Shortening the Shovel

Back when I was much younger than I am now, I worked in many temporary jobs to support myself during higher education. Warehouses, bakeries, kitchens and hospitals, to name a few of the places that I worked.
I am above average height, so I soon became aware that many of the fixtures or tools I was expected to use were too small for me. Even in this day and age, items such as vacuum cleaners, mops and sinks are designed with the assumption that they will be used by average-sized women rather than persons of my size.
In many of the places where I worked it was not uncommon to see broom-handles extended with a length of pipe. Sadly many other tools were not so easily adapted.

A Little Off the End

Recently, someone was describing to me their early working life as a labourer on building sites.
“One of the first things you would do is shorten your shovel by an inch.”
Given my own early working background, it may not be surprising that I could not resist asking: “Which end?”
It turned out, it was not uncommon to shorten the shovel [spade] blade and resharpen the new edge.
Resharpening the edge made the tool more efficient and negated any neglect that a previous user might have inflicted.
It also lightened the shovel a few grams, and if you were expected to use a shovel all day, this weight saving was considered to be significant and worth having.
Of a similar ilk, cleaning the tool at the end of the day was considered important. A few millimetres of concrete drying on the shovel would add weight and make the shovel harder to use the next day.
This rather reminded me of the old adage about an ounce on the feet being like a pound on the back. A slight decrease in shovel weight may significantly decrease fatigue.

Less is More?

Logically, a shorter shovel/spade blade results in a smaller volume of material that is moved by each shovelful. Less volume means less mass, so each shovelful/spadesful took less effort to move. Thus a small decrease in blade-size might mean a significant reduction in energy needed to move each spadesful, since each spadesful would be lighter.
Of course, to move a given volume would take more actions with a smaller blade, but that may be more practical than moving it as a smaller number of much heavier loads. Are half-a-dozen light loads easier to move than three that are twice as heavy?
The following diagram may not be familiar unless you work in safety, or injury liability. It shows the recommended maximal loads that should be attempted by an average male or female.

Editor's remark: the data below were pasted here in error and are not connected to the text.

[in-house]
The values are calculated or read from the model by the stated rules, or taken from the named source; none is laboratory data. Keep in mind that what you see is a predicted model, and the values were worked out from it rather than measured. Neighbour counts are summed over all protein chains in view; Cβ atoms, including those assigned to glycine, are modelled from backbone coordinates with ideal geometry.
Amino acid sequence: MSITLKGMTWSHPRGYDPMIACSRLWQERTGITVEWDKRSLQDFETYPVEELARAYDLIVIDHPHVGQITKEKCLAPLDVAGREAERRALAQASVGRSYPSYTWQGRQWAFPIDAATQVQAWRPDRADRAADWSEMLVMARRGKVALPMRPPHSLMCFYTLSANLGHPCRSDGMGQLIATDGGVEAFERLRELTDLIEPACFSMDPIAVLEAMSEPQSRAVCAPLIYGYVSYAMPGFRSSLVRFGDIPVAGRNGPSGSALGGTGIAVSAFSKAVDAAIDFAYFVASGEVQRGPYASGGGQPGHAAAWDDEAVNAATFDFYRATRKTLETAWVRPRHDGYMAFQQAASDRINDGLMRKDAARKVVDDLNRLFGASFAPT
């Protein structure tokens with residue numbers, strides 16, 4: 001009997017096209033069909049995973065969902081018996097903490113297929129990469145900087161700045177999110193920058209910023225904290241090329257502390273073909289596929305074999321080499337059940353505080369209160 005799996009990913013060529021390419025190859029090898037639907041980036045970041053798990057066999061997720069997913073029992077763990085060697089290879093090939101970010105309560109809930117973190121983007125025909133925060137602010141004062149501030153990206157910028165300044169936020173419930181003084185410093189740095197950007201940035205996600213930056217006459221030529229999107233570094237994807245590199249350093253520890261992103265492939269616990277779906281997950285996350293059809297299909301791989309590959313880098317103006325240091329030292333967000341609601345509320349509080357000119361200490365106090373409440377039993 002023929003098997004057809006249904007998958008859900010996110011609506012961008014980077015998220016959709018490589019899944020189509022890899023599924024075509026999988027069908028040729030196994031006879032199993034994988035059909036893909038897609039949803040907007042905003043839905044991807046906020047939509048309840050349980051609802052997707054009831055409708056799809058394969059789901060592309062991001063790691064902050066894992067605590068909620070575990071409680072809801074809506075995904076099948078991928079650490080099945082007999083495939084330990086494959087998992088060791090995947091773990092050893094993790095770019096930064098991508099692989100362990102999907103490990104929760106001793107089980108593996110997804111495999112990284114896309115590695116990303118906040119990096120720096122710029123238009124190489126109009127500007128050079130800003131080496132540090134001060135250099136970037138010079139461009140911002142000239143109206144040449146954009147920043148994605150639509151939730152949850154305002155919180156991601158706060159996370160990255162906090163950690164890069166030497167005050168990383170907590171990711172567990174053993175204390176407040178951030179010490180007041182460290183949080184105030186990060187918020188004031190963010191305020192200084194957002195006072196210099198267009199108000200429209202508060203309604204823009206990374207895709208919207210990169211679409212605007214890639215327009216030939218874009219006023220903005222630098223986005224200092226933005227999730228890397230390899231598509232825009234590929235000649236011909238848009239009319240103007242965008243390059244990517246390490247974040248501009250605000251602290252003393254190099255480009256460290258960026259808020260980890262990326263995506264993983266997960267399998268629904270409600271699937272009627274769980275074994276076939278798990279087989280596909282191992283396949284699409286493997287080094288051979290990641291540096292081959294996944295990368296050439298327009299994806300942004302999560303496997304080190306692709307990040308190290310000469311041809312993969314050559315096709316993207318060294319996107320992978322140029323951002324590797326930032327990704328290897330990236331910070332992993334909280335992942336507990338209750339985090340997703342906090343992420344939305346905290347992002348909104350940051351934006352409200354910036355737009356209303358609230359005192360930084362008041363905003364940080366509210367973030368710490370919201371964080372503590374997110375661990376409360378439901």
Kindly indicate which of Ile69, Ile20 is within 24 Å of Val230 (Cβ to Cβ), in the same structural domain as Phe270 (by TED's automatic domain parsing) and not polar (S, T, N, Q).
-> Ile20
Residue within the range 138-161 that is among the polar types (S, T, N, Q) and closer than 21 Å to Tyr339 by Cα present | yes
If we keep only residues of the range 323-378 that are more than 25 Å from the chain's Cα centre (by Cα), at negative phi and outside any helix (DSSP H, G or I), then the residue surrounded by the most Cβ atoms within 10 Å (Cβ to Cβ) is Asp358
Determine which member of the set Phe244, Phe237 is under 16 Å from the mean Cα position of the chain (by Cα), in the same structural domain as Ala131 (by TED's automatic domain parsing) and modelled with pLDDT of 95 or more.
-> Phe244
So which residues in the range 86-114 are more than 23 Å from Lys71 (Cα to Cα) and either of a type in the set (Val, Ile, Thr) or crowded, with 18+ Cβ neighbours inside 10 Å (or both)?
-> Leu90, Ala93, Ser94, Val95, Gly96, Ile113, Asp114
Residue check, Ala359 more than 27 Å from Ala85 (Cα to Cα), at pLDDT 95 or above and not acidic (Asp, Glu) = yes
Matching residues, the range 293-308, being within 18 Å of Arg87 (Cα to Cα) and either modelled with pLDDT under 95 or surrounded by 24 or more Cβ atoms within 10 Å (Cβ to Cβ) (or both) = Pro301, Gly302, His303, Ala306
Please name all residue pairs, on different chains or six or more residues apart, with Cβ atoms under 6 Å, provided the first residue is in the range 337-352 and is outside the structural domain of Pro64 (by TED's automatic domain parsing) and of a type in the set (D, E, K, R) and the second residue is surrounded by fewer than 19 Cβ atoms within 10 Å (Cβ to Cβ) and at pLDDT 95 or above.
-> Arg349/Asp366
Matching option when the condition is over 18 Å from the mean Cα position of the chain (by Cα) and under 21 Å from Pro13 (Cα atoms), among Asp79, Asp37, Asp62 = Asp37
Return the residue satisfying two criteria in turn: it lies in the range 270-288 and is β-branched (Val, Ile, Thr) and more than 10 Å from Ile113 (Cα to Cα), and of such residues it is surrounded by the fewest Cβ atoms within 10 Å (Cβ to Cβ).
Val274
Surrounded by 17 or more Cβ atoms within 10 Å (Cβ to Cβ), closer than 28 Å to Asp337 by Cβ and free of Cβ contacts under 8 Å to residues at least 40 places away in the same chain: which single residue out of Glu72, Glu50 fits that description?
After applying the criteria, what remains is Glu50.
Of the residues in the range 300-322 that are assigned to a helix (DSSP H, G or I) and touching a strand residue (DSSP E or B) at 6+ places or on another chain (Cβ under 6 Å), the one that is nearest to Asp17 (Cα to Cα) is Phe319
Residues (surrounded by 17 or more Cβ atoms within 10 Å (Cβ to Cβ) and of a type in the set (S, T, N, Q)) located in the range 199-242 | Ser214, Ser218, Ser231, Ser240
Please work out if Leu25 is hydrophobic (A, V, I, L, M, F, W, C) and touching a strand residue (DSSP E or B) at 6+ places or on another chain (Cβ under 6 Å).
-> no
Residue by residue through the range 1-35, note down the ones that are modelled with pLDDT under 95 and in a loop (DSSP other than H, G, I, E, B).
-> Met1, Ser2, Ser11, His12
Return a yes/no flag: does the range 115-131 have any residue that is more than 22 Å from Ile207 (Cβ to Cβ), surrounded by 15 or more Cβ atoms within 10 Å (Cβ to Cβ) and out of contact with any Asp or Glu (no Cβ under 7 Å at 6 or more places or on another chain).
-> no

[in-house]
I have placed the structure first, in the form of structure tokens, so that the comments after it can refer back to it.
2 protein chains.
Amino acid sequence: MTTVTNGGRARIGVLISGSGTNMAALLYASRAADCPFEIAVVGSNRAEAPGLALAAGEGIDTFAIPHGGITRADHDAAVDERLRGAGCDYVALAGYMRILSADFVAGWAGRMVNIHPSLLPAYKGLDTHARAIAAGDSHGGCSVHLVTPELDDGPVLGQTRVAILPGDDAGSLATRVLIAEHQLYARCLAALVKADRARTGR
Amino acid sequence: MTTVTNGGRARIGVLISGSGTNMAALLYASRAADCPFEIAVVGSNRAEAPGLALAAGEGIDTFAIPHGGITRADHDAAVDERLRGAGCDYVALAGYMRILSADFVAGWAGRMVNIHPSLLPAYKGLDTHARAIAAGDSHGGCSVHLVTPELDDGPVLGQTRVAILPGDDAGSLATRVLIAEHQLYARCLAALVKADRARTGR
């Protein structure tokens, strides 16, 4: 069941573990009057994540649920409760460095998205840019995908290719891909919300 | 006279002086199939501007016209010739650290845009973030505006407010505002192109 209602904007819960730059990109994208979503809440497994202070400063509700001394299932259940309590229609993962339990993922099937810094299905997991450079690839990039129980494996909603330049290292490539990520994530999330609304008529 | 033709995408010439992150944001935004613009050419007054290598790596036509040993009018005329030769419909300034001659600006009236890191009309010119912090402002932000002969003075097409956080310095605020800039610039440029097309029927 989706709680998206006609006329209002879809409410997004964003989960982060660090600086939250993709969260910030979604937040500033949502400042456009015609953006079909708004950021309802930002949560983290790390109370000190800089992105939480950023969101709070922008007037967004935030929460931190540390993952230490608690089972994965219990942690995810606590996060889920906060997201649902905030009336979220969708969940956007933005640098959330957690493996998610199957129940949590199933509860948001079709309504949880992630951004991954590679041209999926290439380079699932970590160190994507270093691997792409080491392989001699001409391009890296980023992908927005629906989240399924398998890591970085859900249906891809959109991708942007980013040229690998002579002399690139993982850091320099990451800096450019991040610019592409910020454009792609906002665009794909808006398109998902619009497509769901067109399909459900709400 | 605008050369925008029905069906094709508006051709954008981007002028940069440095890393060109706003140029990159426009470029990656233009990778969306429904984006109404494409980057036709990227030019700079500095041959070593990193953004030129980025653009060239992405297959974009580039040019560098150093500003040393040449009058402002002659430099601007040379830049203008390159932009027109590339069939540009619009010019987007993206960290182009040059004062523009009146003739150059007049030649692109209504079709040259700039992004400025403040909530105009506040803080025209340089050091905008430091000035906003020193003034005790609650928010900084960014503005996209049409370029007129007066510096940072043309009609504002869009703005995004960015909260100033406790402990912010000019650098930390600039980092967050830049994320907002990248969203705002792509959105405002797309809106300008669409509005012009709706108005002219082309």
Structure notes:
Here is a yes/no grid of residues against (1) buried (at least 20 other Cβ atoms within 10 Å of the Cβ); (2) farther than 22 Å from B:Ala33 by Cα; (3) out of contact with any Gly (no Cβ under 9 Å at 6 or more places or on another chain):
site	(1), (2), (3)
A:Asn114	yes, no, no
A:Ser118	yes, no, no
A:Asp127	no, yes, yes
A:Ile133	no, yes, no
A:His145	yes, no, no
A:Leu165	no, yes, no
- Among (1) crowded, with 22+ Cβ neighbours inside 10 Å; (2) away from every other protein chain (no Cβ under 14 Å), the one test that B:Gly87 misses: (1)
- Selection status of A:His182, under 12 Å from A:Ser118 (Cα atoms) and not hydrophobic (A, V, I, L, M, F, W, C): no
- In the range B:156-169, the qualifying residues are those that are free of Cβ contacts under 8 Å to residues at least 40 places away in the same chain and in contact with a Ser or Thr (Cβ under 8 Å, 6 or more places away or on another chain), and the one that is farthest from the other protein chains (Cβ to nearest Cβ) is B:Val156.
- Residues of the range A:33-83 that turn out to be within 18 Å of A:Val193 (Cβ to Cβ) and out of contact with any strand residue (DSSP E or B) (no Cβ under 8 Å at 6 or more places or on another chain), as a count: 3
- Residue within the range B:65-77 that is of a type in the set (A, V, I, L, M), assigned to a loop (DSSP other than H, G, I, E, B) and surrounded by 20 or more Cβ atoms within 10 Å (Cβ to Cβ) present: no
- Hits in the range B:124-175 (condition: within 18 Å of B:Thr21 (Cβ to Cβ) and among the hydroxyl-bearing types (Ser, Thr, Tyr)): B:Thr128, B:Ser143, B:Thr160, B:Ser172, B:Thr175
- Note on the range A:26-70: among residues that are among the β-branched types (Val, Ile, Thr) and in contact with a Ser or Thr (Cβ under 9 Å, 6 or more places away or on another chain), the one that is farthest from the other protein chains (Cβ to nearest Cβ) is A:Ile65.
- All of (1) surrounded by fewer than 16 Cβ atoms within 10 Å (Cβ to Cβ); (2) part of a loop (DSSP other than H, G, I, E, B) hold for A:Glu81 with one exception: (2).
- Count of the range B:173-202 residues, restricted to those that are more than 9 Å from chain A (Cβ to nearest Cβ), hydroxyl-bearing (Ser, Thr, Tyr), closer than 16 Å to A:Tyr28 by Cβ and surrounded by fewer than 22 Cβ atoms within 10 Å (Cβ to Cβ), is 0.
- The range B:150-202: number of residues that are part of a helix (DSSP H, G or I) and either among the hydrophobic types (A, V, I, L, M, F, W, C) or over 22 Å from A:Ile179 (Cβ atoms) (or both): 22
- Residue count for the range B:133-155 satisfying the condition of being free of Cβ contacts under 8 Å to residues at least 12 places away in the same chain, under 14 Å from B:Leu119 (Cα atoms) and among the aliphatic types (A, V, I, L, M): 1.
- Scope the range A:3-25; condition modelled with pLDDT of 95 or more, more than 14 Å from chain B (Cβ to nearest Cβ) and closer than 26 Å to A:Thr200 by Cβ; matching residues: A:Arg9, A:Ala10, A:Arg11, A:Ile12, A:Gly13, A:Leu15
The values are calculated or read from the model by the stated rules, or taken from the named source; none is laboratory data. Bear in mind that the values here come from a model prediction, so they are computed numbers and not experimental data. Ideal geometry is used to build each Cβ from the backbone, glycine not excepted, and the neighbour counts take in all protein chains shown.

Safe Manual Handling Limits
Maximum safe lifting is with the load close to the pelvis. The further the load is from this point, the less that can be safely lifted.
About 37% of work-related injuries are due to poor manual-handling practices, with a surprising number occurring in office and “white-collar” environments.
Based on the above, a shovel/spade-load and the tool being used to lift it should be around no more than 5 to 10 kilos in total mass.
In my blog on “Easier Entrenchment”, we encountered accounts of 19th century soldiers throwing up useful earthworks using trowel-sized bayonets. A narrower blade should penetrate packed earth better. Specially designed trenching shovels tend to have long heads than may be only four inches/100 mm wide. Very different from the modern, issued entrenching tool!
Can a smaller, more efficient shape make that much difference?
1873 trowel bayonet from
All this suggests the basis for a really useful time-and-motion or ergonomics study.
What is the most effective way to throw up an earthwork with manual tools?
If the work is easier made in smaller rather than larger bites, what is the optimum size and shape of shovel blade?
I notice that some of the titanium tools on offer on the internet are not just lighter, but use blades of 200 x 90mm dimensions on a 64 cm haft.
Titanium-headed digging tool.
What is the best configuration and length of handle for a typical male?

New Survival Tool: The Brick Hammer

Some time back I was reading a number of manuals written for the British Home Guard.
Fighting in an urban environment was a common theme.
Many of the authors drew from experience in the Spanish Civil War. They had learnt that urban terrain could negate an enemy’s advantages in air power and armour.
Urban operations was expected to be routine, rather than exceptional.
It is safer to be firing from loopholes rather than from windows, but I began to wonder about the practicalities of cutting a loophole in a brick or similar wall.
The Home Guardsmen probably would have had available the 1937 entrenching tool, which included a relatively stout pick. Troops with other designs of entrenching tool may be less capable.

A bit of research turned up the tool shown below.
This is sold as a “brick hammer”. I will confess, I have yet to try cutting loopholes with it. My landlord would probably object
This is potentially quite a useful survival tool.
The adze part can be used for digging, and should be more than adequate for such tasks as creating cat-holes or Indian Wells.
The hammer part can hammer things, such as tent pegs if stealth is not a requirement.
Shank and head are both steel, so the adze could also be used as a prying tool or crowbar.
If necessary, it can serve as a passable hand weapon or missile.
It could potentially be used as an anchor or for hooking.